Student lodger agreement
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About this document
This agreement gives legal permission to one or more people to occupy rooms in your property.
It has been written specifically for a student landlord (or his or her parents) who lives in the property for the majority of the year, and who wishes to let one or more bedrooms to other students without creating a tenancy.
There is no requirement to have a formal written legal contract with your flat or house sharers, but having one clarifies what each can expect in the arrangement, and provides a reference point should any dispute occur in the future.
Whether you’re renting a room to a friend for a month or two over the summer, or for the whole acedemic year, there are practical and legal advantages of having the rental terms in writing.
When to use this document
This agreement is suitable for any type of property: flats or houses, and can be used to let several rooms in the same property. You can reuse it for subsequent housemates or flatmates, or for multiple letting periods.
You can also use this agreement to sub-let a room if you rent under a tenancy agreement (subject to that agreement allowing sub-letting and someone on the original agreement still living at the address). That makes the document suitable, if, for example, you are renting with friends under an AST but decide to go travelling for a couple of months during summer holidays and want to rent out your room while you are away.
The document is not suitable if the lodger will:
run a business from the property
occupy the whole property with the landlord living elsewhere (use one of our agreements for an assured shorthold tenancy)
only rent a room for a few days at a time such as during weekdays (use our part time agreement instead)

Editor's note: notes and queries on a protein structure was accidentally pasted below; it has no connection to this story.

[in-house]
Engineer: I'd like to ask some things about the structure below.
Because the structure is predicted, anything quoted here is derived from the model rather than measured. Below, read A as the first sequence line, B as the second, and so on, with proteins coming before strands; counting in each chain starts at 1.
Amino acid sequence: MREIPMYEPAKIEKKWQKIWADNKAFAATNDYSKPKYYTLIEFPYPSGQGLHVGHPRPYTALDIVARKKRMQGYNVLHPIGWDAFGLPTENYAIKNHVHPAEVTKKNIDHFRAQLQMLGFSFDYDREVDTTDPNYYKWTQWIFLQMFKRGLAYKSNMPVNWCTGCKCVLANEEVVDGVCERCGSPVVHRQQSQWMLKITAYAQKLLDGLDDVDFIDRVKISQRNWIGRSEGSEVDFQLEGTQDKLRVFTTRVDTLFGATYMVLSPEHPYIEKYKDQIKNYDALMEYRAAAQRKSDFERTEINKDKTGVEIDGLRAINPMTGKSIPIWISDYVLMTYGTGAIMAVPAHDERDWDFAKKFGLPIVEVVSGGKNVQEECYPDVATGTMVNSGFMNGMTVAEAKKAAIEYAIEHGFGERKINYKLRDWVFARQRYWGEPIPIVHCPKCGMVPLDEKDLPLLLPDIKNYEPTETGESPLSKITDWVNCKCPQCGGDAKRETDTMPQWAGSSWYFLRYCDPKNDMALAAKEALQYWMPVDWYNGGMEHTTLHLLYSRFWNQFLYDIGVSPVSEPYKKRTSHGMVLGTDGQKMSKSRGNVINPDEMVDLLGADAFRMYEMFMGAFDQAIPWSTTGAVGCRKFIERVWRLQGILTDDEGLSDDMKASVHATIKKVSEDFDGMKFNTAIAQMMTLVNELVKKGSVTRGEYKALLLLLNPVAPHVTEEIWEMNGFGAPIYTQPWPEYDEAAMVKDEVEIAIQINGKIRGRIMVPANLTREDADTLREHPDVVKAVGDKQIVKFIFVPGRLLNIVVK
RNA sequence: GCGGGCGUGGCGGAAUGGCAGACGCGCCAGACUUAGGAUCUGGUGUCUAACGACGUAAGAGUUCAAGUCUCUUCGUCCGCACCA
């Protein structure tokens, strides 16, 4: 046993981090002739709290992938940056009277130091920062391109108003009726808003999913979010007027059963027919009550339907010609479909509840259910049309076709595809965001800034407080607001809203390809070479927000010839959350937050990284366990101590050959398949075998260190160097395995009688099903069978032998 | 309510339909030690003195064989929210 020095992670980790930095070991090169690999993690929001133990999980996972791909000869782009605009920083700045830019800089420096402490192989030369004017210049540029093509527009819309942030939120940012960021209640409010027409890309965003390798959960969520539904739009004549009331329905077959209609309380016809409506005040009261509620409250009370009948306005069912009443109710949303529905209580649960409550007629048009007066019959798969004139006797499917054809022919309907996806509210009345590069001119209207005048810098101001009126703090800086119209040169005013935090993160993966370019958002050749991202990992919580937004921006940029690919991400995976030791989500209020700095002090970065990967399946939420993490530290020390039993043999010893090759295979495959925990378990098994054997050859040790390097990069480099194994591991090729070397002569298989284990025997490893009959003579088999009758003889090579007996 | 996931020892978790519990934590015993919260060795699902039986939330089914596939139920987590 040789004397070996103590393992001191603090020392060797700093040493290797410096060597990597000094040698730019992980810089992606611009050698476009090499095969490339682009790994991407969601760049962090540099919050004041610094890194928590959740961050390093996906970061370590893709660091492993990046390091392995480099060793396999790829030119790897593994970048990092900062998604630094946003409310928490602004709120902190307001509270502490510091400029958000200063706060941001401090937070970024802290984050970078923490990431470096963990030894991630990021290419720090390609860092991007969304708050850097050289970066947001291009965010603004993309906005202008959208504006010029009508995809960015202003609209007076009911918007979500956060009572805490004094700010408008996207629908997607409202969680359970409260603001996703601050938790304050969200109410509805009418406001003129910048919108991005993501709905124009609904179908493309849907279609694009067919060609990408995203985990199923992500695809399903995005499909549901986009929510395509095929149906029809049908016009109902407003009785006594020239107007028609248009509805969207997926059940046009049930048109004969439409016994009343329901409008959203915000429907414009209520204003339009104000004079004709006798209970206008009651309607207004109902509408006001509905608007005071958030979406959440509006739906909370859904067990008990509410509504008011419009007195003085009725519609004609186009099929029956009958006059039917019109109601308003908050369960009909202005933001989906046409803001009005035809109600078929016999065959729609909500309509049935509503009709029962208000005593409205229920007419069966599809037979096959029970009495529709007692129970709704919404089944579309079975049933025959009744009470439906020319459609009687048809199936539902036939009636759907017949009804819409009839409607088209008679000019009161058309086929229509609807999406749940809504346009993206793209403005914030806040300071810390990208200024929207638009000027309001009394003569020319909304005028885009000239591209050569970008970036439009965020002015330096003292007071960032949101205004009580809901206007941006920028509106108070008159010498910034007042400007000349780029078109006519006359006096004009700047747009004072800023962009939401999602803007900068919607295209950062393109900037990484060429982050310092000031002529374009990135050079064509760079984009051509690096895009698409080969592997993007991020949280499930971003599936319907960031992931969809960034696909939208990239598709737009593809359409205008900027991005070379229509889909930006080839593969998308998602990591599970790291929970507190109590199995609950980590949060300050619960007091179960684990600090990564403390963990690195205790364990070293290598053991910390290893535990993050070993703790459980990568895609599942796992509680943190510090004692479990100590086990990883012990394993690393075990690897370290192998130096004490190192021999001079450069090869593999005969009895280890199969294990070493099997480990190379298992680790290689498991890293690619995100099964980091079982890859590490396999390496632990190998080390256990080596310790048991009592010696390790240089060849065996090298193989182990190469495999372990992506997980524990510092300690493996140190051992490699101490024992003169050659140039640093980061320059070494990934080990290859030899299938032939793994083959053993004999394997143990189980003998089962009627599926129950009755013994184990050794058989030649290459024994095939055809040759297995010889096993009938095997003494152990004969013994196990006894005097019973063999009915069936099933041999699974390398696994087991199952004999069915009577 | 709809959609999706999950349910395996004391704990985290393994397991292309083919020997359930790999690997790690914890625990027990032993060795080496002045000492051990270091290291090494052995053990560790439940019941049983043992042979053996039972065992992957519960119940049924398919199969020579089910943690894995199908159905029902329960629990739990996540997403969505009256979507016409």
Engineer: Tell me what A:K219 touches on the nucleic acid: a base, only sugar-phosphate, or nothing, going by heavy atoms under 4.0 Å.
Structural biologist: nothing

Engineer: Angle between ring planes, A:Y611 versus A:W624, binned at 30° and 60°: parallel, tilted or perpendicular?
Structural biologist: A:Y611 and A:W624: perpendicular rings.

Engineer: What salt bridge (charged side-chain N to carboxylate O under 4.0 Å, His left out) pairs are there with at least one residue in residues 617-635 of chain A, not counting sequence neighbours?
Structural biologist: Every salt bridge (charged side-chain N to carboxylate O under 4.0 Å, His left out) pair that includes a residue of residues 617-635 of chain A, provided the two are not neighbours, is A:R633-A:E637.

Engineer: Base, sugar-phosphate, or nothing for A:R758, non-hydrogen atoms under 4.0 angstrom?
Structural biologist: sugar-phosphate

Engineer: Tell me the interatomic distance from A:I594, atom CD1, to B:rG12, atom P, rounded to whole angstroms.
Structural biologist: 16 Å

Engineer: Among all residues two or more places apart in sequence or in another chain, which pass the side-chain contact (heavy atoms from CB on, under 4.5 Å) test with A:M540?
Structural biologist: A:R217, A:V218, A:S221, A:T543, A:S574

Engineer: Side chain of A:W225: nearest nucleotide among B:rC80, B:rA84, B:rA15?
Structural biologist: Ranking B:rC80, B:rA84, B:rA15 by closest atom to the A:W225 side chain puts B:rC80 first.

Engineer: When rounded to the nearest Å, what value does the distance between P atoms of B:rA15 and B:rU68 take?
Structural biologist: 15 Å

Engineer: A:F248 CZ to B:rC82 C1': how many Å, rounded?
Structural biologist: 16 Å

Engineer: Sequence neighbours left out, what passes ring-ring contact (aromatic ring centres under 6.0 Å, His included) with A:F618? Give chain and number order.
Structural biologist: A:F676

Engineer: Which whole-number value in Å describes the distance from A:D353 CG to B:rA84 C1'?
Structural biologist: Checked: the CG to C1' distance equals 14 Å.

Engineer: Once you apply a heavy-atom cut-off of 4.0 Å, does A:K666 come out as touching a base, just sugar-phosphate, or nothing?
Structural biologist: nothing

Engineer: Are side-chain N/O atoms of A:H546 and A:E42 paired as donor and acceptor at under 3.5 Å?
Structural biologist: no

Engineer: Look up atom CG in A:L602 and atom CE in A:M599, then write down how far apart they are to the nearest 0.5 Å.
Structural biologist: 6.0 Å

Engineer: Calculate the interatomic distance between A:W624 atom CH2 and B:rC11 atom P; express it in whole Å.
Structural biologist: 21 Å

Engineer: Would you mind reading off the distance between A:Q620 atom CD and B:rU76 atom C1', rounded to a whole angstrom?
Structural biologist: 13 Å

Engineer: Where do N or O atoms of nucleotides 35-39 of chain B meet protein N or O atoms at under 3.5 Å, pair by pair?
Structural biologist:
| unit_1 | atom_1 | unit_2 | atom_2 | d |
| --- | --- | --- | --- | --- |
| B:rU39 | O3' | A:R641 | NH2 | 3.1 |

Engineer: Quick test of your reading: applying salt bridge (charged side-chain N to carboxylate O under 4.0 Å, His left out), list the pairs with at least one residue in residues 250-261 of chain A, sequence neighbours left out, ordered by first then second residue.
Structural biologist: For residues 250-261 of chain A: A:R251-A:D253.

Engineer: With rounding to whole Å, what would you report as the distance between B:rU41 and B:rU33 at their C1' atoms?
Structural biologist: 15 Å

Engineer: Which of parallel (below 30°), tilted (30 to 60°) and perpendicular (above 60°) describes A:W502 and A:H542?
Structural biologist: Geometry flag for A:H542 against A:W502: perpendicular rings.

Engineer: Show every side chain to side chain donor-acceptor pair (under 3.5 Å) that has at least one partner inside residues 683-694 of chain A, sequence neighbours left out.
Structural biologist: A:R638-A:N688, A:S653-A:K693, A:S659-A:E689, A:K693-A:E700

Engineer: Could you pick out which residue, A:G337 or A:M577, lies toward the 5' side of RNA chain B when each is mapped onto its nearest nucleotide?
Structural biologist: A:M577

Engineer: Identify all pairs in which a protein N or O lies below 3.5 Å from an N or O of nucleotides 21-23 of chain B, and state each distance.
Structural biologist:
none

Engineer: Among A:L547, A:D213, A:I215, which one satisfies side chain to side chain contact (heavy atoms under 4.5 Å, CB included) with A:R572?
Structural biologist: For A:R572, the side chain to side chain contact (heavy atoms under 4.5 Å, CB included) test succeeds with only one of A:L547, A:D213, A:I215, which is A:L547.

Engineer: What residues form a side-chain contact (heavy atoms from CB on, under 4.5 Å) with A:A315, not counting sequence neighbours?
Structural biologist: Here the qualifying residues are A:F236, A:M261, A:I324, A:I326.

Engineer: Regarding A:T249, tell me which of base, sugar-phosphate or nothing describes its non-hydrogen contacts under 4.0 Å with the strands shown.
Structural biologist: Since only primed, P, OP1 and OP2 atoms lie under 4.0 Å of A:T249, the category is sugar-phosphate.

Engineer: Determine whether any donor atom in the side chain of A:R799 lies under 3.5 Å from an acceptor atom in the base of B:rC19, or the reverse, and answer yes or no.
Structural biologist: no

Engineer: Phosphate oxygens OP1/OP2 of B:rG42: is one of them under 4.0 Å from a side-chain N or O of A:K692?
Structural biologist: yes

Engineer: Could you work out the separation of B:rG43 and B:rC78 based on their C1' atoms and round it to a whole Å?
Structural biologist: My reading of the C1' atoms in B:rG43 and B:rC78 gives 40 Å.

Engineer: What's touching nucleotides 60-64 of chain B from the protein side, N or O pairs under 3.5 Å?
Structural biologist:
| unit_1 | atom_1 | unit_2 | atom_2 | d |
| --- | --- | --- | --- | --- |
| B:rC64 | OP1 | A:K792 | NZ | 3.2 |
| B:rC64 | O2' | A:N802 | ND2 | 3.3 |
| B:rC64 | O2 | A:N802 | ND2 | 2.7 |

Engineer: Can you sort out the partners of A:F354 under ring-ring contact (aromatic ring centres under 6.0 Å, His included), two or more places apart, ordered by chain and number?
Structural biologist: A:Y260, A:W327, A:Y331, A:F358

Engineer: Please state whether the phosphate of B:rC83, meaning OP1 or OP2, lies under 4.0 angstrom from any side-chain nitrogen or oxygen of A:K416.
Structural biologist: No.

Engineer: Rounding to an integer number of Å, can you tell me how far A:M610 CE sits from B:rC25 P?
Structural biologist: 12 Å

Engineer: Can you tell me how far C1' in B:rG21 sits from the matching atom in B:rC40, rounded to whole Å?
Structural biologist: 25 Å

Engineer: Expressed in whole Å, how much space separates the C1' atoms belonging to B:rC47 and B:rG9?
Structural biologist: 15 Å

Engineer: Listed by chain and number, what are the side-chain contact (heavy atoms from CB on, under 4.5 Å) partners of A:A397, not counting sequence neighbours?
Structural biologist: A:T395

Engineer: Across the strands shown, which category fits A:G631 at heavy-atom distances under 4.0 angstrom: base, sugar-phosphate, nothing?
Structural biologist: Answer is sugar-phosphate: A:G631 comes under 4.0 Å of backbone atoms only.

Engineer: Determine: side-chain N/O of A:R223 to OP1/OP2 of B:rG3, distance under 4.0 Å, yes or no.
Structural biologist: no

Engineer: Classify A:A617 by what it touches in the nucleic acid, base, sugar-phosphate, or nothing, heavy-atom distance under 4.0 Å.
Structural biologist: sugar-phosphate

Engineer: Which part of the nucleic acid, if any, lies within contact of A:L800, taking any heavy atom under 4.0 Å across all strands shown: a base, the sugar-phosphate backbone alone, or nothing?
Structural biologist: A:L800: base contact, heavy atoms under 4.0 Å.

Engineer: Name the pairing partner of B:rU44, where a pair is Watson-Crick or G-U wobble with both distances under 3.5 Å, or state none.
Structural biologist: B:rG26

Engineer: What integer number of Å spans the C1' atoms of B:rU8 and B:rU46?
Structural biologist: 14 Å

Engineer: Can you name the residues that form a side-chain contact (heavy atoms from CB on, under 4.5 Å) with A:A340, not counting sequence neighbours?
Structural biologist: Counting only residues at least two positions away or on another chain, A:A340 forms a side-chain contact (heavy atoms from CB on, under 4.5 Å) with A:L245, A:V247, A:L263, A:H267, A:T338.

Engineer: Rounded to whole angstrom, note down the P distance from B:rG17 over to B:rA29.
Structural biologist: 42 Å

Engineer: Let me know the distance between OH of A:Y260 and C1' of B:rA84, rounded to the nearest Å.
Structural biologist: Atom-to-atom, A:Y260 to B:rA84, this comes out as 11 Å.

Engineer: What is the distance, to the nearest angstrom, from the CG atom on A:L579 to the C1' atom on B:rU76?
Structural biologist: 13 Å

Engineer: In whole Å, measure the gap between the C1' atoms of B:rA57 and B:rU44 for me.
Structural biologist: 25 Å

Some helpful and practical pointers
In order to avoid accidentally giving a lodger security of tenure, note that:
taking a deposit can be done (and is covered in this agreement) but we advise that if you can avoid doing so, you should. A court may see a deposit as pointing toward this arrangement being a tenancy.
Work in to your agreement the right for you to enter the room rented to your lodger at any time. Although this needs to be done discretely, avoiding giving him or her exclusive occupation helps identify your arrangement as a licence rather than a tenancy.
Make sure your lodger leaves promptly at the end of the agreement (and moves out completely), or create a new agreement before the end of the term of the existing one. Being able to store possessions after the licence has ended could create a tenancy.
Make the term of the licence short (maximum a year) and renew often. For example, you might renew every acedemic term for the period up until the start of the following term.
The law relating to this document
In legal terminology, this agreement gives "a licence to occupy" and doesn't create a tenancy.
When you take in a lodger, a tenancy agreement (such as an AST) is not appropriate for two reasons.
Firstly, the landlord living in the same house or flat as the “tenant” is one of the circumstances under the Housing Acts that automatically invalidates use of an AST.
Secondly, even if an AST could be used, tenancies give the tenant greater rights to residence than necessary in lodging arrangements.
If you are taking a lodger in as a flatmate or housemate, this is the document you should use.
- Includes sensible, practical provisions
- Full description of the property and any services offered
- Rent period and amount
This document was written by a solicitor for Net Lawman. It complies with current English law.
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